Although sorely tempted, I'm not going to nominate Dr. Sydney Spiesel for the Nobel Prize for Medicine. Spiesel invented a shampoo that makes the nits of head lice glow under ultraviolet light. The Nobel Committee doesn't go in for the sort of achievements that focus on everyday life, however stunning they may be. I learned that a long time ago when I tried to get the Nobel Peace Prize for the late Lisa Mosca, of Mosca's restaurant in Waggaman, La., for the perfection of her baked oysters. They gave it to Kissinger that year.
Maybe Dr. Spiesel, a professor at Yale University School of Medicine, could be recognized by the PTA. There ought to be a way to honor the person who each year has done the most for lightening the load of parents--an award for achievements like figuring out how to replace all the buckles and zippers and snaps on children's snowsuits with Velcro.
Spiesel's achievement is of Velcro-on-snowsuits magnitude. Think of a mother executing nits one by one as she combs out her second-grader's hair. She knows she's in for a 45-min. search-and-destroy mission. She's irritated by the knowledge that she's bound to miss a few of the tiny things and will have to go through the entire process again in a couple of days. Now think of the second-grader's hair washed in Dr. Spiesel's shampoo, which was developed in response to a head-lice epidemic in the day-care center he serves as pediatrician. The nits would light up so brightly that pilots could use the kid's head to get a bead on the airport. The mother could destroy them all. Think of the hours saved--hours the mother might use to write a novel or perfect her computer skills or harangue her husband about why he never seems to be the one combing out the second-grader's hair.
I know that some people on the left might oppose an award to Dr. Spiesel on the ground that an advancement in fighting head lice is basically a service to the rich, the medical equivalent of a Republican tax-cut plan. Dr. Spiesel himself has acknowledged that although head lice were formerly associated with poor people who couldn't afford proper hygiene, "these days, head lice seem to especially favor wealthier people."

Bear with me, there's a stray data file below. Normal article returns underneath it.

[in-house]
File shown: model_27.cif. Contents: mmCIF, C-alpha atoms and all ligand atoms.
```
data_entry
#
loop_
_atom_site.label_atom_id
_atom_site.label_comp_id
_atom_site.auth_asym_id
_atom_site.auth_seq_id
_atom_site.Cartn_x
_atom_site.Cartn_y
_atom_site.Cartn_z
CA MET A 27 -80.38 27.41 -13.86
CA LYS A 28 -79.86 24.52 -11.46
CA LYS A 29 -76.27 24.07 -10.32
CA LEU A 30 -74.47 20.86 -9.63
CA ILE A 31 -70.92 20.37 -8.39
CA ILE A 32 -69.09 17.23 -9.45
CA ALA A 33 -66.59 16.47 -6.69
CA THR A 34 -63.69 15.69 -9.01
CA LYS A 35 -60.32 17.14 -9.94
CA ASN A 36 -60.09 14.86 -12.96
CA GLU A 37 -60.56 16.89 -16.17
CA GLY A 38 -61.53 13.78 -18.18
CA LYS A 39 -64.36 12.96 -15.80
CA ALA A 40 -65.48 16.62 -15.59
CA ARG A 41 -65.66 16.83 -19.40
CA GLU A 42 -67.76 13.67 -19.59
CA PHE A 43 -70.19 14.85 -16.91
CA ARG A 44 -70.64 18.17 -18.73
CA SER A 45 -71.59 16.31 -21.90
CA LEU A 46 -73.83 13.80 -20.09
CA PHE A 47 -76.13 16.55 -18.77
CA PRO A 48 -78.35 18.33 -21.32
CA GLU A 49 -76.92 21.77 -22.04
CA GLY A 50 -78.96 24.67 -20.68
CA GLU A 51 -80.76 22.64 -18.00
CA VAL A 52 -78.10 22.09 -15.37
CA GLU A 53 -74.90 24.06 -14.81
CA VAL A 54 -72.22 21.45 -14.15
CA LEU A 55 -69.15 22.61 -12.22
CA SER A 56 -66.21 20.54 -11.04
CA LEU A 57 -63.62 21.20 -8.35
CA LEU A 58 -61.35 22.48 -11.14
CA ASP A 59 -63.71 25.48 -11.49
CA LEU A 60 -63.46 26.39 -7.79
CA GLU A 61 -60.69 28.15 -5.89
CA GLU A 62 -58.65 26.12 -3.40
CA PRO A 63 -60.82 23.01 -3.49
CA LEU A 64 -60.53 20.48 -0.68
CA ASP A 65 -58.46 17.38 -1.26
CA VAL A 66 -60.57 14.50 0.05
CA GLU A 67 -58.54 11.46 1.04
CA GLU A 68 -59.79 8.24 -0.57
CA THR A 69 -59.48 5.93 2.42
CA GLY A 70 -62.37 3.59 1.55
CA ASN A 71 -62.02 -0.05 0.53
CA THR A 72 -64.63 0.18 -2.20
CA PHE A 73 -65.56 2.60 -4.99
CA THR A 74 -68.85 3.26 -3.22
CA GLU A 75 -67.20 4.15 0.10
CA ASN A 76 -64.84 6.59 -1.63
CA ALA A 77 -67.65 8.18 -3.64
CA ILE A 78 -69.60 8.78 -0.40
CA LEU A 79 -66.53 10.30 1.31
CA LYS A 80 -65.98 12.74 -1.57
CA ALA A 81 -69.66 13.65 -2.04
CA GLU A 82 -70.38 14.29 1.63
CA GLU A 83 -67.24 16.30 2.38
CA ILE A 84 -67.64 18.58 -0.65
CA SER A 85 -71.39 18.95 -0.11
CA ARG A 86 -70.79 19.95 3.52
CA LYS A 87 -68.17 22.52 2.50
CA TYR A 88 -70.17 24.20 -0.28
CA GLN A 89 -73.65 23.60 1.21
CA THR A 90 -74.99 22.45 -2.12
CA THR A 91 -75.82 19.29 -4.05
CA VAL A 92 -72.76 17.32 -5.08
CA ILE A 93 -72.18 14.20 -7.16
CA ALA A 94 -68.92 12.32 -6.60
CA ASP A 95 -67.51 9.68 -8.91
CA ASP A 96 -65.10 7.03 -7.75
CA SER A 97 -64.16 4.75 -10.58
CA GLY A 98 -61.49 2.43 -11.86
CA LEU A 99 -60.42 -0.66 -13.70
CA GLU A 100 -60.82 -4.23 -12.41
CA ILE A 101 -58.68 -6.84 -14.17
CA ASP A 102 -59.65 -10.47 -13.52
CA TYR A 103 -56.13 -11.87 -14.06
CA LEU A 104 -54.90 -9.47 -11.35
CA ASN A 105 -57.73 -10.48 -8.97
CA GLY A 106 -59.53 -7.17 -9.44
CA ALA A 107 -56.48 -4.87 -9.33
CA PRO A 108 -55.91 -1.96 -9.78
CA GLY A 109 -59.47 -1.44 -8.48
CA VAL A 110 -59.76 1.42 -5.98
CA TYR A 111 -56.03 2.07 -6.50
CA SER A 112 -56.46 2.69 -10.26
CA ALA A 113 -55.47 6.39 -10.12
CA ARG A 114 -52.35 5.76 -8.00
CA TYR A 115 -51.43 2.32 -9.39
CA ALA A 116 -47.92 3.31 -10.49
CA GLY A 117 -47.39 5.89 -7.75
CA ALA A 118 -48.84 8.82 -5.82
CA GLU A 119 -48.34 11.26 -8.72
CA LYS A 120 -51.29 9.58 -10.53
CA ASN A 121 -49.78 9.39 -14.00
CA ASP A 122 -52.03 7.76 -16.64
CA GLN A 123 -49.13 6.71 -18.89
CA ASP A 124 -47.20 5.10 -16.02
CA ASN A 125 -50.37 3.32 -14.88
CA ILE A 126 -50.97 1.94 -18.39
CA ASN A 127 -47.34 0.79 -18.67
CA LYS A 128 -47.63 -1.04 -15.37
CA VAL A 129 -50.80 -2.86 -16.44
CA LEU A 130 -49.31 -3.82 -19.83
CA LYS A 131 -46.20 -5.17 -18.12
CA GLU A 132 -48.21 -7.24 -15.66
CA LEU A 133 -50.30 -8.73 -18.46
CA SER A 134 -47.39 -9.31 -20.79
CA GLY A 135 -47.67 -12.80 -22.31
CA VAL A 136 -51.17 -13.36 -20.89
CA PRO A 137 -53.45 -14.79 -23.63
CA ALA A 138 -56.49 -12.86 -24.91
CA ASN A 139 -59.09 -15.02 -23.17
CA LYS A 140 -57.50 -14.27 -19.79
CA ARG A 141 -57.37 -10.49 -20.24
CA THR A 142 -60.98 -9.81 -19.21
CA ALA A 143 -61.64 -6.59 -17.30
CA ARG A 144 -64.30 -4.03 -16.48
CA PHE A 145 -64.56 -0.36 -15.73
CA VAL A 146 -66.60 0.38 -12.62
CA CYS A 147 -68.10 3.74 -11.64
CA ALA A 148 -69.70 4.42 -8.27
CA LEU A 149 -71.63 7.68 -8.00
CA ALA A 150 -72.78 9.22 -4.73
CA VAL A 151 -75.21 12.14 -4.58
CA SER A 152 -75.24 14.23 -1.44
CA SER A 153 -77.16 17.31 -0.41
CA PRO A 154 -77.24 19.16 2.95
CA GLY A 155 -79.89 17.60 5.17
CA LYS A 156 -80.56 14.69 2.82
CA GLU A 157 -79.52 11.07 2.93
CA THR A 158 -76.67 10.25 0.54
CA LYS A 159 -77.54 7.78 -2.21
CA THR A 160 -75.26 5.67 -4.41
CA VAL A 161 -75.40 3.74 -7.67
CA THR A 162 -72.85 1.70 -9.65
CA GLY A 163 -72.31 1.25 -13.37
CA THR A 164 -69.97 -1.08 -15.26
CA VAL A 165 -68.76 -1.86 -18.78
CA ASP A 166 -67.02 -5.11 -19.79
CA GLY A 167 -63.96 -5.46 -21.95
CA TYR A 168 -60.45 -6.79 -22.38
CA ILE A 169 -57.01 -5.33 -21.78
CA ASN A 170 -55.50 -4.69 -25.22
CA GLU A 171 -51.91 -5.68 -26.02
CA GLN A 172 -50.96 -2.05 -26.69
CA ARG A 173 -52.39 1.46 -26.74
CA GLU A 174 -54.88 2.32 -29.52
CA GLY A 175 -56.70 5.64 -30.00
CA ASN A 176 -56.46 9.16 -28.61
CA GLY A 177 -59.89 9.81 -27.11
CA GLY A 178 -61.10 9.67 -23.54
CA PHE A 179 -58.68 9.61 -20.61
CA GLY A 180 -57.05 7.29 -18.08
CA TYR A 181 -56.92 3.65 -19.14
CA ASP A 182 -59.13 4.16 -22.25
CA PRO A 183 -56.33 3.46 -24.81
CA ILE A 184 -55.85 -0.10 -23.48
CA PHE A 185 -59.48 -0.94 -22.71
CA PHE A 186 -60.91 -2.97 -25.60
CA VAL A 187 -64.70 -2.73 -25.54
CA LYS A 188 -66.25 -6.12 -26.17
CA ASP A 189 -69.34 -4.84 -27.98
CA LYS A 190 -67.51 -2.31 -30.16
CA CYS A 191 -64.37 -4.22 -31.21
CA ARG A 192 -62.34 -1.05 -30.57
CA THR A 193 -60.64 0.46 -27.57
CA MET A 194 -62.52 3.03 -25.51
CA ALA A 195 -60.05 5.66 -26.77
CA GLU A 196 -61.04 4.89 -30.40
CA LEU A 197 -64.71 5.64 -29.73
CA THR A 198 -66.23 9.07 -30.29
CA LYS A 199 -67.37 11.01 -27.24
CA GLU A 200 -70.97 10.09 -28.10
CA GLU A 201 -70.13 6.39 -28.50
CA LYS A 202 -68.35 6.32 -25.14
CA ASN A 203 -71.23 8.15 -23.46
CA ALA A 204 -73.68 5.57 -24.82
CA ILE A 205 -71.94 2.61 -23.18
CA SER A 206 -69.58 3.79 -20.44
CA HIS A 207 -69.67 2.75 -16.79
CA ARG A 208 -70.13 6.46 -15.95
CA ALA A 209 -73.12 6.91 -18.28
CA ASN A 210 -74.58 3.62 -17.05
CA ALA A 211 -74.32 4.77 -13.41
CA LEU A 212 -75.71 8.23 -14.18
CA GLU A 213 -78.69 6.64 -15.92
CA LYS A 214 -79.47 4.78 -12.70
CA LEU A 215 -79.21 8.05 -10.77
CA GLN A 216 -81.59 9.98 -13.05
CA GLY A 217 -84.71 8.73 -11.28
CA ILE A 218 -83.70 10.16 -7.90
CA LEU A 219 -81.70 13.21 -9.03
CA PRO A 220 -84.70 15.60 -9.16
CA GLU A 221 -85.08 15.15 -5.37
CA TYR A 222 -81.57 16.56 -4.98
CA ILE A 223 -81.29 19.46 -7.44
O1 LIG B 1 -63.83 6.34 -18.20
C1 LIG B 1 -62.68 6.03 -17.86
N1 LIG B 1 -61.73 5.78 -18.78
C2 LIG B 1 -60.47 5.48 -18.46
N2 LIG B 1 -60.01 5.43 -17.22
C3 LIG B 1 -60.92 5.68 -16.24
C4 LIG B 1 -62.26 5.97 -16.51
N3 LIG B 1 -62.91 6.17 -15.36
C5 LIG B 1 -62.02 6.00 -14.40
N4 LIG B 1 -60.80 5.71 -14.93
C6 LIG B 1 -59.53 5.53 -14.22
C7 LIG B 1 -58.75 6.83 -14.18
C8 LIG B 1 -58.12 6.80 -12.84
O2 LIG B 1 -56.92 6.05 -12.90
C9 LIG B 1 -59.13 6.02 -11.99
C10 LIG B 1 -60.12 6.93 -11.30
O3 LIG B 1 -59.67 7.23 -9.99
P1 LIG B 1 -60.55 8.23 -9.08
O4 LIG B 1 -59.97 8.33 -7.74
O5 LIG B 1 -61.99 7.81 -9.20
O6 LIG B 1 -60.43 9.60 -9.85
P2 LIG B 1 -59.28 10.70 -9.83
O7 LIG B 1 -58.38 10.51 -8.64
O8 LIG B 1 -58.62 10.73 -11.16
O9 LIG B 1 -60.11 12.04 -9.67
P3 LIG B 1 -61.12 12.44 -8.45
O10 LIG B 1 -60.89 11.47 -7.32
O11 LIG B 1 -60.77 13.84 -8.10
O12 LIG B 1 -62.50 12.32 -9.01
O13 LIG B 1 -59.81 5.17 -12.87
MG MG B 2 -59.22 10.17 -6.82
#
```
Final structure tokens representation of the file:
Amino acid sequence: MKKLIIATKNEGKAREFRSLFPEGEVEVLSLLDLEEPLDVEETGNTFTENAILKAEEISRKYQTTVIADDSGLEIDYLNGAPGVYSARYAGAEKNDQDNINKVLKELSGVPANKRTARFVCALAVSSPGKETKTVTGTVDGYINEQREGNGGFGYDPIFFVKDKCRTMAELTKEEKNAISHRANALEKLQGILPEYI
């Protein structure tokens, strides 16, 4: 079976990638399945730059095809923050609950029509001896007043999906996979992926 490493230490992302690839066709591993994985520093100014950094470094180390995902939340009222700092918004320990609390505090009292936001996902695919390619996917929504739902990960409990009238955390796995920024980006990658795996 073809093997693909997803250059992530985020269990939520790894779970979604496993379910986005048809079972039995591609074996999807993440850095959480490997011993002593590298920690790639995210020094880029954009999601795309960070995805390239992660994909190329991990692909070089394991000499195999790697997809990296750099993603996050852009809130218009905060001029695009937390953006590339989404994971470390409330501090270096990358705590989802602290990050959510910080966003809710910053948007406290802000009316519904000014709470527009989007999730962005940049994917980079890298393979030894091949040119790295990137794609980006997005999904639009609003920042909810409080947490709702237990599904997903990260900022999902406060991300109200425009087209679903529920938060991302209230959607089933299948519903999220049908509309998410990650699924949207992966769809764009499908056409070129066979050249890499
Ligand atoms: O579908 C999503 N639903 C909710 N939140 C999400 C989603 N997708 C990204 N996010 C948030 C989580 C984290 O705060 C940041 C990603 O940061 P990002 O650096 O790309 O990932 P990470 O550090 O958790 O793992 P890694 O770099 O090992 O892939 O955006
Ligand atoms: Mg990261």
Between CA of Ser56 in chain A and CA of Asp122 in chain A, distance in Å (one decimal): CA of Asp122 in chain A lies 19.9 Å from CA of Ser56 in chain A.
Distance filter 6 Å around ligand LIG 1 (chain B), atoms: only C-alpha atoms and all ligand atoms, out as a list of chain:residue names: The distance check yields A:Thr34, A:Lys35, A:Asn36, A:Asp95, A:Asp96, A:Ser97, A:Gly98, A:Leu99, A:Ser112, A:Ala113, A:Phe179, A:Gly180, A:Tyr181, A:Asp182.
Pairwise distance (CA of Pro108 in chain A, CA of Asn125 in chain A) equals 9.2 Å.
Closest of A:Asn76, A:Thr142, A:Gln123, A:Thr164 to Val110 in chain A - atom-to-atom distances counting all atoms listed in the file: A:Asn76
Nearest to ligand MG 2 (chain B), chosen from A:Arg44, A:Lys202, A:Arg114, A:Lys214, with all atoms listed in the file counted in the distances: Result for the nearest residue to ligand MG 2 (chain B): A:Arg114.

It's true that what the Serengeti Plain is to lions, the poshest private grade schools in Manhattan are to head lice. In recent years the head-lice problem at private schools has increased at almost the same rate as tuition, leading to the theory, not yet proved, that some of these places must be charging by the nit.
When I'm on the Upper East Side of Manhattan and I see a child who seems particularly pampered--fabulously expensive clothing, state-of-the-art toys, an attentive nanny or two--my first thought is, "That poor kid's head must itch like crazy."
The theory that has always been at the core of all Republican tax-cut proposals--if rich people pay less in taxes, we'd all be better off--may actually make sense when applied to head lice, which like to jump from head to head, irrespective of the head's economic circumstances. Passing along lice, after all, works on more or less the same principle as trickle-down economics, but it's more certain.